The origins of Ballroom Dance Is Dead began in 2006 when New Orleans based producer / bassist Grant W. Curry joined forces with guitarist / composer and Brooklyn native Lynn Wright. The duo wanted to create a project that would explore Eno-esque minimalism and at the same time have it collide with the avant-garde, free jazz styling of Sonny Sharrock. This self titled debut effort is the first of what the duo hopes will be an ongoing series of recordings that will feature, in addition to themselves, a cast of different musicians on each outing. Joining Curry and Wright for this first go round are Tony Nozero on drums and electronics, and Mike Dillon on tabla and percussion.
Musically this debut album isn't typically avant-garde or even that experimental as for the most part these instrumental compositions rely on their warm, richly layered textures and subtle melodic elements to set the overall tone and mood. Things unfortunately get off to a bit of a sluggish start as the first two tracks, the dub style musings of "Damascus" and the slow, deliberate pace of "Carnival Dirge" don't really take the listener anywhere. They're not necessarily bad songs; however thier somewhat repetitious nature make them come off as simply background music. Thankfully by third track "Elysium", the listener is rewarded for their patience and the fireworks begin. Nozero's laid back drum accents and Curry's bass ostinatos allow Wright ample room to stretch out with some of his finest, jagged, improvised guitar work. "Goodbye To All This" is a melodic up tempo number that skips along with a meaty bass groove as Wright applies liberal amounts of echoed guitar textures before a dash of buzzing electronics close things out. The final track is the real coup though, as they turn in an absolutely brilliant run through of John Coltrane's "India". While they do keep much of the basic melody of the original intact, as well as the main opening and closing themes, everything else in between is a veritable free for all, especially as far as Wright is concerned. Mike Dillon's exotic percussion on tabla coupled with Nozero's delicate and articulate drumming propel the rhythm's along as this track swells to almost thirteen minutes in length. Wright appears and reappears throughout, each time upping the ante with one searing, abstract solo after another. This track should definitely command your attention for its full duration.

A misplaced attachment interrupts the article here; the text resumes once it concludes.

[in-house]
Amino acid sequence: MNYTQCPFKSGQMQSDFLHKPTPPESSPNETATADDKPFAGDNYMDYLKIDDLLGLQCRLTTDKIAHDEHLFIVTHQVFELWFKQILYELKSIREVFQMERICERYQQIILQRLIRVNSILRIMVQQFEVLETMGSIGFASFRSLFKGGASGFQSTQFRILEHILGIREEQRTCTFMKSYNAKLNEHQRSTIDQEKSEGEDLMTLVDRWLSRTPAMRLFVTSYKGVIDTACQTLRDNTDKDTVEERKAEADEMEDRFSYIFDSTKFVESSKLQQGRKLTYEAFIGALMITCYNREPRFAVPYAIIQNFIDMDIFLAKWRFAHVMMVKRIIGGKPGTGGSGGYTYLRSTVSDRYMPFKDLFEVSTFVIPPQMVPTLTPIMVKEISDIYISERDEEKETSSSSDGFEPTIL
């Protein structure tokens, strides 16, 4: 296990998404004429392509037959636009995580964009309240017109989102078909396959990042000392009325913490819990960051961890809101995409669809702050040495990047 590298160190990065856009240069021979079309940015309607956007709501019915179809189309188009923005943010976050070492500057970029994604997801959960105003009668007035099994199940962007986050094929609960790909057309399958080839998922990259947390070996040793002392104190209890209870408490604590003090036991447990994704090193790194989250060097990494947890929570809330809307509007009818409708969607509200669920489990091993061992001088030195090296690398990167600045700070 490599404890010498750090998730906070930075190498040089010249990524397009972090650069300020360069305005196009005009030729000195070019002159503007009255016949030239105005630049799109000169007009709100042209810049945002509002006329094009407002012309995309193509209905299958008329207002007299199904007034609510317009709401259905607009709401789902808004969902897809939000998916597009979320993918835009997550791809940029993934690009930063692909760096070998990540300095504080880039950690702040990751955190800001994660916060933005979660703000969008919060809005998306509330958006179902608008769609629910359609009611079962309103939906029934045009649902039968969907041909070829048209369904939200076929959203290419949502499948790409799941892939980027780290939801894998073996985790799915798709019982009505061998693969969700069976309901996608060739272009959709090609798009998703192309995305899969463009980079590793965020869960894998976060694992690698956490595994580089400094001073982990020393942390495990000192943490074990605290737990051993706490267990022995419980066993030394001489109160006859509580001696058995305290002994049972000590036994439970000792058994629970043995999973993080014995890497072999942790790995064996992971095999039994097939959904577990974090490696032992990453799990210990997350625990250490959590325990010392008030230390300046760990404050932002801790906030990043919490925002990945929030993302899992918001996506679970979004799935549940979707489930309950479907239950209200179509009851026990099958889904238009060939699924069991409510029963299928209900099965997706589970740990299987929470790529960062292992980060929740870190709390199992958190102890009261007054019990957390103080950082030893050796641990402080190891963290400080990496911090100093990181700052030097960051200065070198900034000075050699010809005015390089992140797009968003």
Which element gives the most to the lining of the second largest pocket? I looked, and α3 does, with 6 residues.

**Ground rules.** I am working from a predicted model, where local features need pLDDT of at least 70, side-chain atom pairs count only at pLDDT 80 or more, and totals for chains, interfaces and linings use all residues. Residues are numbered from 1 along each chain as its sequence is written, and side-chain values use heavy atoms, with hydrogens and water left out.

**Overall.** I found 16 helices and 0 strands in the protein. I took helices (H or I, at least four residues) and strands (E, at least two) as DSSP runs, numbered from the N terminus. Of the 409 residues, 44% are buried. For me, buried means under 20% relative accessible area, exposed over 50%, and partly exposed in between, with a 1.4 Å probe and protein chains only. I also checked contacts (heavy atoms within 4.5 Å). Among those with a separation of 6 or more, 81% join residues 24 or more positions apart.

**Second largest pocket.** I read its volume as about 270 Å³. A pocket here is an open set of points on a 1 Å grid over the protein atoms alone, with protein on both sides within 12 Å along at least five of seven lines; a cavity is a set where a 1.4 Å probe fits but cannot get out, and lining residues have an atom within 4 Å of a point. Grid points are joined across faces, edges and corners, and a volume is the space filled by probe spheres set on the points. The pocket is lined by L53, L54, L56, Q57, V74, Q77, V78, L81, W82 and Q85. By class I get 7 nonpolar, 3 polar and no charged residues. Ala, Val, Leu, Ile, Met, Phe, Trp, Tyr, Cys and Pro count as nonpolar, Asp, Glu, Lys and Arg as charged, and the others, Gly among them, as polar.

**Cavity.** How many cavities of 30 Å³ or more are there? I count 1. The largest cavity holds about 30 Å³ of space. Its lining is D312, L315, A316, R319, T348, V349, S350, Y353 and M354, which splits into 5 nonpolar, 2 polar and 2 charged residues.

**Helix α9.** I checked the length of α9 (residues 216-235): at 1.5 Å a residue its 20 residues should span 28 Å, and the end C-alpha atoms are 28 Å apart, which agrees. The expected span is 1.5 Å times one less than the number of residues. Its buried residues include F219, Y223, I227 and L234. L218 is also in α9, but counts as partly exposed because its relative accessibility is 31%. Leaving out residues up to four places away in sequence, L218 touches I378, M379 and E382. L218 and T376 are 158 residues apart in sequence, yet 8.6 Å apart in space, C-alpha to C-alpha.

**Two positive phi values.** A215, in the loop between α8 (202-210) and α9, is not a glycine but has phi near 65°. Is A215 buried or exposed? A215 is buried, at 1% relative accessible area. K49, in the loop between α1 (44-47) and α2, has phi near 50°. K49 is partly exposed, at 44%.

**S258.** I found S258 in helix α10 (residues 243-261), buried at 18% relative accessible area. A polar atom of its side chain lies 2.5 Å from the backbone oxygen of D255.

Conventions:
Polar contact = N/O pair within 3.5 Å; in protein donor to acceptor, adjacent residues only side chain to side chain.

Ballroom Dance Is Dead is certainly a promising opening statement from these relative newcomers. When they do decide to turn up the heat, the results definitely make for a more engaging and well rounded listen. As mentioned there are quite a few moments of that here, however I'd be interested to hear what their future material would sound like if they traded in some of the pastoral atmospherics and concentrated a bit more on the harder, avant-garde aspect.
2) Carnival Dirge
4) Goodbye To All This